But secondly, we hear something that defines us in Christian difference. We hear echoes and ancient strains from the Carpathian mountains. We hear melodies that were sung on the hillsides, in far off rustic churches. We hear tones that were gathered from songs that were sung in the towns on summer evenings. We hear echoes from pilgrimages, and the chorus of older women as they trod carefully up hillsides to shrines set in high mountain meadows. And in the great Feasts, we even hear older, more ancient melodies — melodies which carry the haunting tones of Kiev and Constantinople.
Our very own tradition of liturgical music is a potent force of cohesion. It is probably the most important sign of our ethos as a people. It does not confine us to a certain race. It does not hold us in the past. It does not prevent us from reaching out to our neighbors in our locations.
Instead, it reveals to us indications of the specific ministry that God has given us — a ministry that we need to extend to our neighborhoods. I think that in our prostopinije there is revealed a certain winsome character of our historic society. Every historic group has its own particular memories of how God's Grace has established peace and transformation within its culture. We Rusins have our own memory — a memory that we need to witness to our neighborhoods, to America in general, and even to the sad and sterile West. I suggest to you that our plain chant is the single greatest channel of that memory. It signifies our acceptance of the common man, and our treasuring of the home and family. It communicates a faith in God through adversity, and a joyful hope in His deliverance.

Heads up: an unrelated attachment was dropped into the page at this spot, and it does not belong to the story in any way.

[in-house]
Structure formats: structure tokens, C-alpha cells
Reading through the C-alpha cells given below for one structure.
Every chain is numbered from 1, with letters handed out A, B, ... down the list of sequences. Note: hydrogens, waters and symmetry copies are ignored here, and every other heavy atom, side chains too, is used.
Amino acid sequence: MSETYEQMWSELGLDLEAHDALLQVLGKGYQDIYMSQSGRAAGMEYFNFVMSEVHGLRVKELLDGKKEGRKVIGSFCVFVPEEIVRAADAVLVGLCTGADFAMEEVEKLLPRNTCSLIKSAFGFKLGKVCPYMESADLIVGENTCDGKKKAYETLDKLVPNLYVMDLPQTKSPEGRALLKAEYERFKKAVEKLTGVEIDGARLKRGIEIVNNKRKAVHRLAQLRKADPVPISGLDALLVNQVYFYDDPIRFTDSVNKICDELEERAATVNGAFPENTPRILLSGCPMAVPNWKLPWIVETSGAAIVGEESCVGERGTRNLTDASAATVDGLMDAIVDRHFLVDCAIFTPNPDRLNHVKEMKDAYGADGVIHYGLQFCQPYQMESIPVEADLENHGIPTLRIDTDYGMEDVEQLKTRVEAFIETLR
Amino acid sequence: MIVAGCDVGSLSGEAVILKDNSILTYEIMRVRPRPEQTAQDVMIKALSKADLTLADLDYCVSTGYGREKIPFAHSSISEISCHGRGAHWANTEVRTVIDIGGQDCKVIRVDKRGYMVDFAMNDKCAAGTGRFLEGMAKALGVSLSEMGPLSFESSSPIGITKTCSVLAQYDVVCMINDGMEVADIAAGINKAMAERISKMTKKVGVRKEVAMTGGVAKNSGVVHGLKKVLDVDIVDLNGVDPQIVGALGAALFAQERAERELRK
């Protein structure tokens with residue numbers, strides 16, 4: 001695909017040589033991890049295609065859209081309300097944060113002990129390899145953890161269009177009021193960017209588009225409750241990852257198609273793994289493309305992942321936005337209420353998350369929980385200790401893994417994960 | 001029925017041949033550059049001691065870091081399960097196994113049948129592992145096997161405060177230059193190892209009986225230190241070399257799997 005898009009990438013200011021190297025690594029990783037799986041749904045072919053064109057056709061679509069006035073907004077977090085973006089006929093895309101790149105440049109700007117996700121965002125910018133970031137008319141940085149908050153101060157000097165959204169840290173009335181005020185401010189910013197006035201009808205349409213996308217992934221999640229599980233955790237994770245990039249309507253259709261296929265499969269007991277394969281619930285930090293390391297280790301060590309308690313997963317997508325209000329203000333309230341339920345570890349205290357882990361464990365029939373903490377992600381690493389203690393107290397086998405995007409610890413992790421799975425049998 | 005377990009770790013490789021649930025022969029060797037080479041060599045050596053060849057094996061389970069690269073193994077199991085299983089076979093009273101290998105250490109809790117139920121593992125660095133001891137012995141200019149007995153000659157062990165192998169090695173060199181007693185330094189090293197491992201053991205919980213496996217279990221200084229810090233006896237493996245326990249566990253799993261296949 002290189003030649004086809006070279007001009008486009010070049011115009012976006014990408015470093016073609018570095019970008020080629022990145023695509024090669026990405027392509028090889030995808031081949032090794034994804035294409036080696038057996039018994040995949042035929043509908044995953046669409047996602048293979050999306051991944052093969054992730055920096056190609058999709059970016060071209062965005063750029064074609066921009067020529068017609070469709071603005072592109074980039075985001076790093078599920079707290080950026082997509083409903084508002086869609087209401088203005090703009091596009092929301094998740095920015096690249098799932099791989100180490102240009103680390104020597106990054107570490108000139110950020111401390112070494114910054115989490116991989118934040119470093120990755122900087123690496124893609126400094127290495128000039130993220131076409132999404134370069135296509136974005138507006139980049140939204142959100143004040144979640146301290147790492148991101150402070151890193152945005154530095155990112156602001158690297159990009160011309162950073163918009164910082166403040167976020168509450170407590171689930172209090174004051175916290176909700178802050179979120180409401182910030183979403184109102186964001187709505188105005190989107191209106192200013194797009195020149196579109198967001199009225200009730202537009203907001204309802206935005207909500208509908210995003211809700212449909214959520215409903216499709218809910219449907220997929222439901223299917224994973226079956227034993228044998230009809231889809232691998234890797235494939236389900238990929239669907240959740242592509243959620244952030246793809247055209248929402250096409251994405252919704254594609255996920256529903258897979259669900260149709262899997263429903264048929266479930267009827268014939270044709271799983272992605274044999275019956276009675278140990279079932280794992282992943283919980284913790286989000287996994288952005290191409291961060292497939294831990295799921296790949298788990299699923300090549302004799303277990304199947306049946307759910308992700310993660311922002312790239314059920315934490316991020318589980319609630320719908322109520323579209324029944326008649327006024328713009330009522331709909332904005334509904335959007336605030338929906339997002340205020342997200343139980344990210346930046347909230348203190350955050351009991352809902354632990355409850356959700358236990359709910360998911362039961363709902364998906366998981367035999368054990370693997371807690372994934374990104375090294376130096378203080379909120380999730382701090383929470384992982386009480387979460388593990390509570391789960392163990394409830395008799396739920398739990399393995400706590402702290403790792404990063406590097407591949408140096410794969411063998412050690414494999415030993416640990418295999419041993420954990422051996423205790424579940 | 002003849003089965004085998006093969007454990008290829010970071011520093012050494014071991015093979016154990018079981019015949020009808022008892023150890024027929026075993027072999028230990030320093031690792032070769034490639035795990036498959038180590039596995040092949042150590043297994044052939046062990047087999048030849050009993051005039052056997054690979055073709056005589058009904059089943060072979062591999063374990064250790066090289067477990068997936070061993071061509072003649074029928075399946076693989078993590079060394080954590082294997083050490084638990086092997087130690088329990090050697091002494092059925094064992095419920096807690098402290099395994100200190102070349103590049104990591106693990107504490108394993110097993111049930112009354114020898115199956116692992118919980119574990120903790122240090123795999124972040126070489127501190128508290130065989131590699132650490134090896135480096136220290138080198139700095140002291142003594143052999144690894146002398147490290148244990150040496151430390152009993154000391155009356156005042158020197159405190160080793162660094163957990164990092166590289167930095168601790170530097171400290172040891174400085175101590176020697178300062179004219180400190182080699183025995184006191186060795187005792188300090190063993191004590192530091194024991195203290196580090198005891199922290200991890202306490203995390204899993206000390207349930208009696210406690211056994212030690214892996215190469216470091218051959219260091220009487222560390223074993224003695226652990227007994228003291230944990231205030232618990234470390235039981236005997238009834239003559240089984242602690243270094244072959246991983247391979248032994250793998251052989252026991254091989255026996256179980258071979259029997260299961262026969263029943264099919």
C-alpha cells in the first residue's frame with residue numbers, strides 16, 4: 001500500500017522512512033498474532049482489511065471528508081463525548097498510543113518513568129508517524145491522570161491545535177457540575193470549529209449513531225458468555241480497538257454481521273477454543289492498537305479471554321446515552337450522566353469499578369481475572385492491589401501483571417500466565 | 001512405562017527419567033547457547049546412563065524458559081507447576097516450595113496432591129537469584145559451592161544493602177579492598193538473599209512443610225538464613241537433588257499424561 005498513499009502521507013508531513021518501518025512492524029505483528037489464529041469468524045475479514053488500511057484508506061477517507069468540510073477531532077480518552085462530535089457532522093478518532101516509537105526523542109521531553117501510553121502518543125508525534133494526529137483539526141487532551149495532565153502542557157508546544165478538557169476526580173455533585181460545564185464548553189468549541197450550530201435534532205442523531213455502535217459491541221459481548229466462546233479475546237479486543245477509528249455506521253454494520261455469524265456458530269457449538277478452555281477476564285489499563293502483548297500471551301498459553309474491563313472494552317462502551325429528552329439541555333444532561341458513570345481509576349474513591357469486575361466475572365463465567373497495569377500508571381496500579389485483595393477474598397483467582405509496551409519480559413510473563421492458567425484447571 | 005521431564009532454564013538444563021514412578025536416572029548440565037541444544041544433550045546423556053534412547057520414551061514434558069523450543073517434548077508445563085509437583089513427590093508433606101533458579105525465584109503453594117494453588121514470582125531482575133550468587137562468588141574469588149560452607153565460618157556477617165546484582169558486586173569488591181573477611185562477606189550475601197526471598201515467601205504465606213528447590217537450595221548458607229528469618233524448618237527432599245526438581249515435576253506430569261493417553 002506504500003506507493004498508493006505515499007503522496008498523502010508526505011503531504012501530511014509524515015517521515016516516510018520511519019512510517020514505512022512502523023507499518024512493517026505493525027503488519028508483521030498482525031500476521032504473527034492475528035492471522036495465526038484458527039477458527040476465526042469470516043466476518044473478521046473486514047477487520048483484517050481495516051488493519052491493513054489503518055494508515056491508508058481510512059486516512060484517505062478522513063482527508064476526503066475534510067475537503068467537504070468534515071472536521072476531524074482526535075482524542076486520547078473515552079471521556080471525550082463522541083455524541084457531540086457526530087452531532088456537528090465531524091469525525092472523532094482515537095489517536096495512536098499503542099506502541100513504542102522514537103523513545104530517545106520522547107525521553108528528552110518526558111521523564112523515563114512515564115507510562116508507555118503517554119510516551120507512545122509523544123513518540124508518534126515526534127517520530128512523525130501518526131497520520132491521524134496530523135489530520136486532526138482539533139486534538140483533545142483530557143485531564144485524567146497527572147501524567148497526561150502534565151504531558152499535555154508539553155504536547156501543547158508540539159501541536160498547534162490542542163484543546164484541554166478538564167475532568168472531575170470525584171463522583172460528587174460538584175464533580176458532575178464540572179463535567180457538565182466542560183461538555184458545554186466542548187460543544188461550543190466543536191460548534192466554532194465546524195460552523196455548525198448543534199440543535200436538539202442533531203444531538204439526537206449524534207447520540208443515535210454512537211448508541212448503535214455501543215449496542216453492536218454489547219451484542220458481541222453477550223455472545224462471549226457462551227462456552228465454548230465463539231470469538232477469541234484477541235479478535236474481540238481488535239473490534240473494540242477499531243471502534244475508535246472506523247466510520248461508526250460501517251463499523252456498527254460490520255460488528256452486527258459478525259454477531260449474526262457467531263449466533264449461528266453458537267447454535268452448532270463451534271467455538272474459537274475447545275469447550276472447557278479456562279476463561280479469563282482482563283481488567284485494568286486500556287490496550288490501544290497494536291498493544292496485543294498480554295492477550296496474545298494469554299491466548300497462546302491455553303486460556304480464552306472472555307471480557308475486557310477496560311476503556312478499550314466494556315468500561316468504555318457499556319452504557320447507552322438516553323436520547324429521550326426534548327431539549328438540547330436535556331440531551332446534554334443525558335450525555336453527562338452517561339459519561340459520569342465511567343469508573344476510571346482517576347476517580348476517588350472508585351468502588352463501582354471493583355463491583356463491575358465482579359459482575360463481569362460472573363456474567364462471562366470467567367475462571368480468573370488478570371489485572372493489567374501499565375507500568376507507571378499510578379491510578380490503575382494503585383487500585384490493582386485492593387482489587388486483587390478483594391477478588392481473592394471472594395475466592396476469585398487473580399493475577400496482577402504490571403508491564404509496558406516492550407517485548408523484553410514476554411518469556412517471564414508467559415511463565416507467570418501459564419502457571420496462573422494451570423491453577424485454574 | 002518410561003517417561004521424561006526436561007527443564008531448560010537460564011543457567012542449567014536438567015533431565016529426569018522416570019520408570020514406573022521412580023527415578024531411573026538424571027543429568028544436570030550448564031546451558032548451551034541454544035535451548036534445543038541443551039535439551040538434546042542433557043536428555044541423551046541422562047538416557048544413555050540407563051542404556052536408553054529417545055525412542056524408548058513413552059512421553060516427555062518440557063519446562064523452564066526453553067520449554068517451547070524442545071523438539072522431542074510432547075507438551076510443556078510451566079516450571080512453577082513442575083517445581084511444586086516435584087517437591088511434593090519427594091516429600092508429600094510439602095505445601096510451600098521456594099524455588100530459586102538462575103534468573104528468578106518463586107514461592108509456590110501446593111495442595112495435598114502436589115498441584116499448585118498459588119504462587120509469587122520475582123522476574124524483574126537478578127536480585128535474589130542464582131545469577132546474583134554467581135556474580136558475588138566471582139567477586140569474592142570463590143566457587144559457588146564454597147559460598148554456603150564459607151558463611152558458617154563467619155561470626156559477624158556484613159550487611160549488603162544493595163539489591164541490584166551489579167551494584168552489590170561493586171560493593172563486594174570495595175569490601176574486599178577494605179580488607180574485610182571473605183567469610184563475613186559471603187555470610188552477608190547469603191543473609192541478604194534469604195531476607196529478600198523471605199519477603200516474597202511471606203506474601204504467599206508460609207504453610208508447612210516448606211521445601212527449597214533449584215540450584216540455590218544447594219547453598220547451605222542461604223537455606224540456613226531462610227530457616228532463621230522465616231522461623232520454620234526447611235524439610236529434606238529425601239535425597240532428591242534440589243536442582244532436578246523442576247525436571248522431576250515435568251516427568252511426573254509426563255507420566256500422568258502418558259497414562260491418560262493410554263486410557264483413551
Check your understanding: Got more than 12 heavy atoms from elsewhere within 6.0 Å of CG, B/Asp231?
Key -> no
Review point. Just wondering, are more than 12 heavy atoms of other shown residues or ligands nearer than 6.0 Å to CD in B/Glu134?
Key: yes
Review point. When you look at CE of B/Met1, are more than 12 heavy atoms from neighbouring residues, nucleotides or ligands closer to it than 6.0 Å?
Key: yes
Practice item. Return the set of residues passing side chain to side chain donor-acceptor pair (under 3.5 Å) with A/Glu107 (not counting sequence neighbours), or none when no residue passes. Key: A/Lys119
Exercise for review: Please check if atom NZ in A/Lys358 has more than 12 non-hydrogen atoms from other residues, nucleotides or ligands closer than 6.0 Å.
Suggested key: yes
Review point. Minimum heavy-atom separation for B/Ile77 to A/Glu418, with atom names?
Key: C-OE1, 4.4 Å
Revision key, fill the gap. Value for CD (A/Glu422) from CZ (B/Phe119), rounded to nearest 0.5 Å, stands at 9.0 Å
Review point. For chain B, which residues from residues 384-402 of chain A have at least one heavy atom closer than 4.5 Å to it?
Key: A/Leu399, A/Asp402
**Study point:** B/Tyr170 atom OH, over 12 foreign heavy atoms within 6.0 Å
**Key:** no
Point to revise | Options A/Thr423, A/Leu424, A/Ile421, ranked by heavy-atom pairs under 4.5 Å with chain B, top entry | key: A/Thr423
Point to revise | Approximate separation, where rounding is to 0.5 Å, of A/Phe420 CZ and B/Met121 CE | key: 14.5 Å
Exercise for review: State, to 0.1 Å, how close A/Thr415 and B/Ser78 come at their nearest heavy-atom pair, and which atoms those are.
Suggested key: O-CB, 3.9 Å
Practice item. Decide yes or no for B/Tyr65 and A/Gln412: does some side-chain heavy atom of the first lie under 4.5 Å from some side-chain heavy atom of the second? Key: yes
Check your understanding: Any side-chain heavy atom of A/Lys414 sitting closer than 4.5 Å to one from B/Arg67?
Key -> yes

All these memories, and all these extensions of our common history, are all little bits of happiness and sentiment, but they are more than mere nostalgia: they are potent reminders of a Divine call — God's Will — for us to restore that which we have torn asunder. We sing too well and too much alike for unity to remain unattempted. We are too inter-related to stay apart. We are too familiar to remain unfamiliar.
Let us face facts: we have more in common culturally with each other than we do with others in our respective jurisdictions.
If you look back far enough, you will always find Adam. In other words, we separated brethren should remember, and if we do, our Christian memory will discern a single, timeless fellowship that calls us home again.
In Christian history, and only in Christian history, departures and schisms, alienations and disunity may certainly be overcome. If we can heal our past, we can offer healing to this present.
This possibility of providing real healing to our people, and to all the people in the byways and the highways, the hedgerows and the wayside who need to come to the Wedding Banquet — this possibility should be all the motivation we need to pursue some immediate aims.
To this end, I make the following proposals.
I propose that we sing together, and practice ascesis together. Instead of attempting an intercommunion now and attempting the complications of jurisdictional reality, I propose that long before we are able to commune together at the Table, that we work and practice toward that moment in Vespers and Matins, in pilgrimage and works of charity.